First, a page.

Topic: Legal

Looking back at 5 years of legalization

Oregon’s road to marijuana legalization five years ago was anything but straight. Early attempts to sell medical marijuana ran afoul of local laws, and retailers struggled to gain a foothold in Medford and other cities that took a dim view of legalization. But there were pioneers who helped blaze a path to what has become Southern Oregon’s biggest agricultural crop, and an industry that now plays a significant role in the local economy. Brie Malarkey was the first to open a “legal” medical marijuana store in Jackson County, Breeze Botanicals, on June 14, 2014, in Gold Hill, and then it

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Why aren’t there fences around that cannabis?

A few years ago, there was a big deal made about the fences surrounding the pot crops. Now, anyone can just walk up to the grow sites, including kids. What happened to the fence law? I didn’t particularly like the look of them, but it made sense to keep children away from it. — Dave S., Medford Fences were a big deal after cannabis was legalized, and they are still a requirement for recreational cannabis — the kind that gets you high — which is subject to a different set of rules than hemp. Yes, those fences got a lot

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Cannabis and hemp bring mixture of impacts to Oregon

How’s it going with legal recreational cannabis in Oregon after four years? Addressing a conference on Occupational Safety & Health in Ashland, a man from the governor’s office said it has been a complicated, controversial journey. Among the state’s findings, said Jeffrey Rhoades, senior marijuana policy advisor to Gov. Kate Brown, is that pot use by youth 12 and older rose 9% between 2008 and 2016, the year after legalization. Some of that increase could be because youth feel more free to tell the truth now that it’s legal, so it’s hard to know for sure, added Rhoades. Weed isn’t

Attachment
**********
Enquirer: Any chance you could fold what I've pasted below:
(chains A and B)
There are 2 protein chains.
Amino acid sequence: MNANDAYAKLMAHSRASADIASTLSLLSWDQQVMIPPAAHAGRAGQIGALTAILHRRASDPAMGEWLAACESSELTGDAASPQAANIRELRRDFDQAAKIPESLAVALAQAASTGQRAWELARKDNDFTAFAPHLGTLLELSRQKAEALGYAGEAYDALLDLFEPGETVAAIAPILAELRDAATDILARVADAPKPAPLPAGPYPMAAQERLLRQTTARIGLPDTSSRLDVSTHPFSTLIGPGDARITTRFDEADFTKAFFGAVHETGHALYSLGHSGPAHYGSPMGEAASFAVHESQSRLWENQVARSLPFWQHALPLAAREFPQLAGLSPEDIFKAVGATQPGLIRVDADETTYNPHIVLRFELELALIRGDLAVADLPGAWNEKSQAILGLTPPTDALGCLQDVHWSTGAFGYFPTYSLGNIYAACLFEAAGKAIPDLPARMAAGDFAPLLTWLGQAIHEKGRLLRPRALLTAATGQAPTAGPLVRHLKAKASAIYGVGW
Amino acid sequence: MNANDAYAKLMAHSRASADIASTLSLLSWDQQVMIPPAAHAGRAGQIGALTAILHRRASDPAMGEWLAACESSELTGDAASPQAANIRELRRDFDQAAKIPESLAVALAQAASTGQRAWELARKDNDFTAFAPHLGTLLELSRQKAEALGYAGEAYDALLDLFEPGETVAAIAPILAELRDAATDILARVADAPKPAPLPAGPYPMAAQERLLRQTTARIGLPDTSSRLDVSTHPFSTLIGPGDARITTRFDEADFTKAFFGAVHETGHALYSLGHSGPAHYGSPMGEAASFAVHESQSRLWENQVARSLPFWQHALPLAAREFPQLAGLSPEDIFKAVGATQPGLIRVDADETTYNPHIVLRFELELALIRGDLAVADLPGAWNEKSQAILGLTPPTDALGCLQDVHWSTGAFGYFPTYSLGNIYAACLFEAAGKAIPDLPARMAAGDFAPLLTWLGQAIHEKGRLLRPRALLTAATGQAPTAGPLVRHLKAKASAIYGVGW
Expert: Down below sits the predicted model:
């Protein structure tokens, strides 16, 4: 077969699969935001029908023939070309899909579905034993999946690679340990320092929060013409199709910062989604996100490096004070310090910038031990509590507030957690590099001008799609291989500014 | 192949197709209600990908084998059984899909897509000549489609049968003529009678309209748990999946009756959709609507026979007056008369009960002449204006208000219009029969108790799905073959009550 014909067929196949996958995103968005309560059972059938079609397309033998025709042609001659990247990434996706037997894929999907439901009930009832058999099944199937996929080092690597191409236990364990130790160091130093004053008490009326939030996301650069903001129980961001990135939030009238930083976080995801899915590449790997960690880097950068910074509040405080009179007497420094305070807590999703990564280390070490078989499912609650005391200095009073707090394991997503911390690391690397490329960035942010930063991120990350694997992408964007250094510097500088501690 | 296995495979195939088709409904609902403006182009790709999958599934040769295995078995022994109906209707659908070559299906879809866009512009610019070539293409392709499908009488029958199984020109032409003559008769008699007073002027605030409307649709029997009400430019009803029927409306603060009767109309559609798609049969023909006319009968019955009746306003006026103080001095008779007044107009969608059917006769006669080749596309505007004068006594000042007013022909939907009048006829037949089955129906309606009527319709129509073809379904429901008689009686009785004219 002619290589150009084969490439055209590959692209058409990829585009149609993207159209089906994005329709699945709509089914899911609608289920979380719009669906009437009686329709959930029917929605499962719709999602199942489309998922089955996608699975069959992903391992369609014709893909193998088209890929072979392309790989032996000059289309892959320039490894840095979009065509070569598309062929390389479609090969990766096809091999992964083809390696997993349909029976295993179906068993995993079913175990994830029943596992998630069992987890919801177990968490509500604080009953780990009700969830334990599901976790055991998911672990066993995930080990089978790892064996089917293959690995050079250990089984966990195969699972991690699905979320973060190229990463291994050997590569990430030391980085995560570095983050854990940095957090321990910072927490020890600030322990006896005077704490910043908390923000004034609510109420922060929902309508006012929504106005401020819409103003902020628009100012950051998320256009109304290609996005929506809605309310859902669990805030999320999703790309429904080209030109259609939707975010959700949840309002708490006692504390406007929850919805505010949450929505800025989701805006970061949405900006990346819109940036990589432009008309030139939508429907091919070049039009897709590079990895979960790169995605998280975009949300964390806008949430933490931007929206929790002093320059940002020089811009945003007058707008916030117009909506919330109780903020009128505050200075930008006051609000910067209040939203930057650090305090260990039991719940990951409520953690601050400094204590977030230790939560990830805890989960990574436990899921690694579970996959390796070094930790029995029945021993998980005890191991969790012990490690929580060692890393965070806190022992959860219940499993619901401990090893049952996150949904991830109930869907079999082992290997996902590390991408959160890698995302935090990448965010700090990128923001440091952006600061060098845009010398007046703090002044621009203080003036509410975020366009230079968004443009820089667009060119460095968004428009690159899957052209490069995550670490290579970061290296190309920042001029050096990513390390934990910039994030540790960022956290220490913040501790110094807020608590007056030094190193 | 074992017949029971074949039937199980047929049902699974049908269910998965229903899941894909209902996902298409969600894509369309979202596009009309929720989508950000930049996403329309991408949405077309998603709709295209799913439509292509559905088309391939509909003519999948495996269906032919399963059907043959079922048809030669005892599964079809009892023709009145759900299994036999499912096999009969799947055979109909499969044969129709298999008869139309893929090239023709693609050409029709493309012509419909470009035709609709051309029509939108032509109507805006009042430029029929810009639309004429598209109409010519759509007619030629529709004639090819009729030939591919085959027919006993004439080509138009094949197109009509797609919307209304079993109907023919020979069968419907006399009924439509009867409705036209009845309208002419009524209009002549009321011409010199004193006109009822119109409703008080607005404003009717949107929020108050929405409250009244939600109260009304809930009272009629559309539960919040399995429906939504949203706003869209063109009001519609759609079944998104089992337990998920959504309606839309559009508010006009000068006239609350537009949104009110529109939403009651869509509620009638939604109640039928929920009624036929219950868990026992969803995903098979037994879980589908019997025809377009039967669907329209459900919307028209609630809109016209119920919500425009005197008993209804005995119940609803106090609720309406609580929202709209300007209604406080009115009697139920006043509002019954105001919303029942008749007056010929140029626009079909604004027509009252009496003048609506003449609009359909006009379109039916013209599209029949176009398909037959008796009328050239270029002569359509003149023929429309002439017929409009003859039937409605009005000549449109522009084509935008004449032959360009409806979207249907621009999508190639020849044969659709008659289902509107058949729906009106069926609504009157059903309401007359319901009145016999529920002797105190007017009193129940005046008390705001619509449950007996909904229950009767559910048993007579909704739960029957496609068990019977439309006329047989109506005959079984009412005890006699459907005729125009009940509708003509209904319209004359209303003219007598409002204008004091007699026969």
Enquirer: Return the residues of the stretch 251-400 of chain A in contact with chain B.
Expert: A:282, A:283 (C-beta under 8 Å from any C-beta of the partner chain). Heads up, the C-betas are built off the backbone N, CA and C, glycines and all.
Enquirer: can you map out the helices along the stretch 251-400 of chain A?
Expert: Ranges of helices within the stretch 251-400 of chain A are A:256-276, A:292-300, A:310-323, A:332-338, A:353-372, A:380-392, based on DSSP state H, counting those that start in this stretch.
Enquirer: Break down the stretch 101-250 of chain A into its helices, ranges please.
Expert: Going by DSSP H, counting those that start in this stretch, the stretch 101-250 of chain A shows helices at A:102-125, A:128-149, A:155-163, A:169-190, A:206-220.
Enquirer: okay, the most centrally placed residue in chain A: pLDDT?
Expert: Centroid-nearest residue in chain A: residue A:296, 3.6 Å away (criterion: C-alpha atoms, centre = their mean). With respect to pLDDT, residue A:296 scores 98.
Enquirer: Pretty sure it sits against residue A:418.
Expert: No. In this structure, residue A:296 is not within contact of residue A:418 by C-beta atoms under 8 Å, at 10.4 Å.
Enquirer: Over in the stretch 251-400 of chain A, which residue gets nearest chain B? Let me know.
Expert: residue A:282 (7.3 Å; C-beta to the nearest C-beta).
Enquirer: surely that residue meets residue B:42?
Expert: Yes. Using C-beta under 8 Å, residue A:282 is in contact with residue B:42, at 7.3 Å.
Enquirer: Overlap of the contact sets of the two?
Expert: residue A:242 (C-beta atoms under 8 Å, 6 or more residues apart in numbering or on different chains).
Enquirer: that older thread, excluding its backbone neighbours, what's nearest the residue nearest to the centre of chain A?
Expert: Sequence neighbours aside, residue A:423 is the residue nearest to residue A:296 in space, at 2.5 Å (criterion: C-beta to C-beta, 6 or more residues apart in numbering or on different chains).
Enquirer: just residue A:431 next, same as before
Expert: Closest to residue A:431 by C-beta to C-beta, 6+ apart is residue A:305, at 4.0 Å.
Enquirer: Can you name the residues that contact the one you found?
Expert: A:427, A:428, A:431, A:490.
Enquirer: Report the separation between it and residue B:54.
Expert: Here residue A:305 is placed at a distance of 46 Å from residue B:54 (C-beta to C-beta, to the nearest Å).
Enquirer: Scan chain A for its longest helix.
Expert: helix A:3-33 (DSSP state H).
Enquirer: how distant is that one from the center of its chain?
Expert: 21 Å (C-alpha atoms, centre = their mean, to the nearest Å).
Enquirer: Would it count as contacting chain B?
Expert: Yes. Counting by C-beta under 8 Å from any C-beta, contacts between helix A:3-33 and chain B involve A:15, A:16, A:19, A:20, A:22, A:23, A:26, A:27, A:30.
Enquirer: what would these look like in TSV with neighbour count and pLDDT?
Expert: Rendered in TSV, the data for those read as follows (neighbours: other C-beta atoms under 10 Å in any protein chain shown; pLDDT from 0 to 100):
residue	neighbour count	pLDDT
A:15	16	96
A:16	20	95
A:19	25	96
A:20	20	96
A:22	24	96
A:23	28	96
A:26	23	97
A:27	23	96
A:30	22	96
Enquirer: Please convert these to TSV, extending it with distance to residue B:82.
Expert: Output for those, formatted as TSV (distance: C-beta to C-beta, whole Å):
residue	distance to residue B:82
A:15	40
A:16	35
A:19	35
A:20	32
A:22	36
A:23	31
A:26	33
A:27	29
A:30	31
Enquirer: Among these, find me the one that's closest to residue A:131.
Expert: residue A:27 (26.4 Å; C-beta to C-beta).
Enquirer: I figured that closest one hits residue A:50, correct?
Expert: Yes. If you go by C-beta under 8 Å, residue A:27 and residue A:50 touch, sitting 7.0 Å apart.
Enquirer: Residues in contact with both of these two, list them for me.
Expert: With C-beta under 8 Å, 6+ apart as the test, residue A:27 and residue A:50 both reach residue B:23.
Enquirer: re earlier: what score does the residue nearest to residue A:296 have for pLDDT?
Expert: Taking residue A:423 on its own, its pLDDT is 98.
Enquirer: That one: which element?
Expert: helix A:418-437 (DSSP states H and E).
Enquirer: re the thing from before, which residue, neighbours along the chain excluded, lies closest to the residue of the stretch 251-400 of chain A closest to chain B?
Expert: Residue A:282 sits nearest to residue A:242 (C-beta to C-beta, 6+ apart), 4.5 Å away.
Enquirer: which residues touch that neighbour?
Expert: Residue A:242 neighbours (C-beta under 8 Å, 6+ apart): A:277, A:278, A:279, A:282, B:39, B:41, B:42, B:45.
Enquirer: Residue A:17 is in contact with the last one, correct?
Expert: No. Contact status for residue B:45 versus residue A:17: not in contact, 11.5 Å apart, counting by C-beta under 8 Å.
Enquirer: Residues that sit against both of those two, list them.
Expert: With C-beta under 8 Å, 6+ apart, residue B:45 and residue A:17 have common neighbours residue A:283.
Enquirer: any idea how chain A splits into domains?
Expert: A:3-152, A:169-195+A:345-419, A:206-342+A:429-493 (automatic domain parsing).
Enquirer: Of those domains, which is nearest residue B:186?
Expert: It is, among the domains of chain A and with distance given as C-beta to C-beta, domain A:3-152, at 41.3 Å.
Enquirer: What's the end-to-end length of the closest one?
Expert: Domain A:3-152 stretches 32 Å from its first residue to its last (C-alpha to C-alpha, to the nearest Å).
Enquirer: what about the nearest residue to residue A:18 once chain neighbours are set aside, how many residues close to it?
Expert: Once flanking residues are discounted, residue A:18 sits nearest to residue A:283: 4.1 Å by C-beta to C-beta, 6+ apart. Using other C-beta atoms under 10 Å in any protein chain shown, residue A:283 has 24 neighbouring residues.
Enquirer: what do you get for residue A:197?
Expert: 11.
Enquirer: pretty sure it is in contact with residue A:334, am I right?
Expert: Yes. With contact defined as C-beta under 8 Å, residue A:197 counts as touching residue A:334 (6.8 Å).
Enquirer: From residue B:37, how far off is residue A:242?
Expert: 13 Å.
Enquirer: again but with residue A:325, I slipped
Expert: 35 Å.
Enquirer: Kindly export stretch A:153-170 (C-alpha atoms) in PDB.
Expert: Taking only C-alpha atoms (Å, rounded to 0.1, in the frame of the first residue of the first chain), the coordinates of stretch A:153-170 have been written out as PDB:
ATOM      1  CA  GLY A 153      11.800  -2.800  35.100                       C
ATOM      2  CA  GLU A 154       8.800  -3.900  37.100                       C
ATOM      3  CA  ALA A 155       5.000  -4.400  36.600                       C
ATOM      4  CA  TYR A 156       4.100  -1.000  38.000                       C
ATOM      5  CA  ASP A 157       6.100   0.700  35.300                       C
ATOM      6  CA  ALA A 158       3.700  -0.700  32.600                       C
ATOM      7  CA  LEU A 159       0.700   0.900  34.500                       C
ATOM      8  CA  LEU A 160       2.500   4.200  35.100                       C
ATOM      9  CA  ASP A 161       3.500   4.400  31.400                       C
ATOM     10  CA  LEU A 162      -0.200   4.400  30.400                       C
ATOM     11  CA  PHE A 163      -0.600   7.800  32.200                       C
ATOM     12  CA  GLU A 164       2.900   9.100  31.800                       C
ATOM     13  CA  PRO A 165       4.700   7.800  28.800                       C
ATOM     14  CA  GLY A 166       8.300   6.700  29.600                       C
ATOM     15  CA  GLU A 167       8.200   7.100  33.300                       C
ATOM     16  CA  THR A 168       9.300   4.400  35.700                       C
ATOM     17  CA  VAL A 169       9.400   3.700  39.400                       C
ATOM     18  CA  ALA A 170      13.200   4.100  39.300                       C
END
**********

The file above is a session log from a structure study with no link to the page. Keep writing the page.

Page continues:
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Managing the surplus

Matt Miller’s family has farmed pot in Oregon since well before it became legal. But since the market flooded after recreational use was approved by state voters in 2014, prices have plummeted, putting strain on the operation he runs in Takilma with his wife, Rhea. Oregon’s lush climate and weed-tolerant culture have long resulted in large and potent harvests. Seeking to fold black market growers into its budding legal industry, the state has distributed licenses liberally, leaving Oregon saddled with an enormous surplus of legal cannabis — more than its population of 4 million would ever be able to smoke.

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Grants Pass man with medical marijuana gets 12 years in prison

CANTON, Miss. (AP) — A Jamaican-born musician convicted of drug trafficking in Madison County, Mississippi, for medical marijuana he legally bought in Oregon could now be out of prison in three years. Patrick Beadle, 46, of Grants Pass, had initially faced up to 40 years, and had been sentenced in October to eight years in prison without parole under state drug trafficking laws. However, Beadle was recently allowed to enter a guilty plea to simple possession of drugs. He was re-sentenced to 12 years in prison, but will be eligible for parole after serving three. Now-retired Madison County Circuit Judge William Chapman

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Congress urged to fully open banks to marijuana industry

LOS ANGELES (AP) — Bank officials and others urged Congress on Wednesday to fully open the doors of the U.S. banking system to the legal marijuana industry, a change that supporters say would reduce crime risks and resolve a litany of challenges for cannabis companies, from paying taxes to getting a loan. Most Americans live in states where marijuana is legally available in some form. But there’s a problem when it comes to banks: Most don’t want anything to do with money from the cannabis industry for fear it could expose them to legal trouble from the federal government, which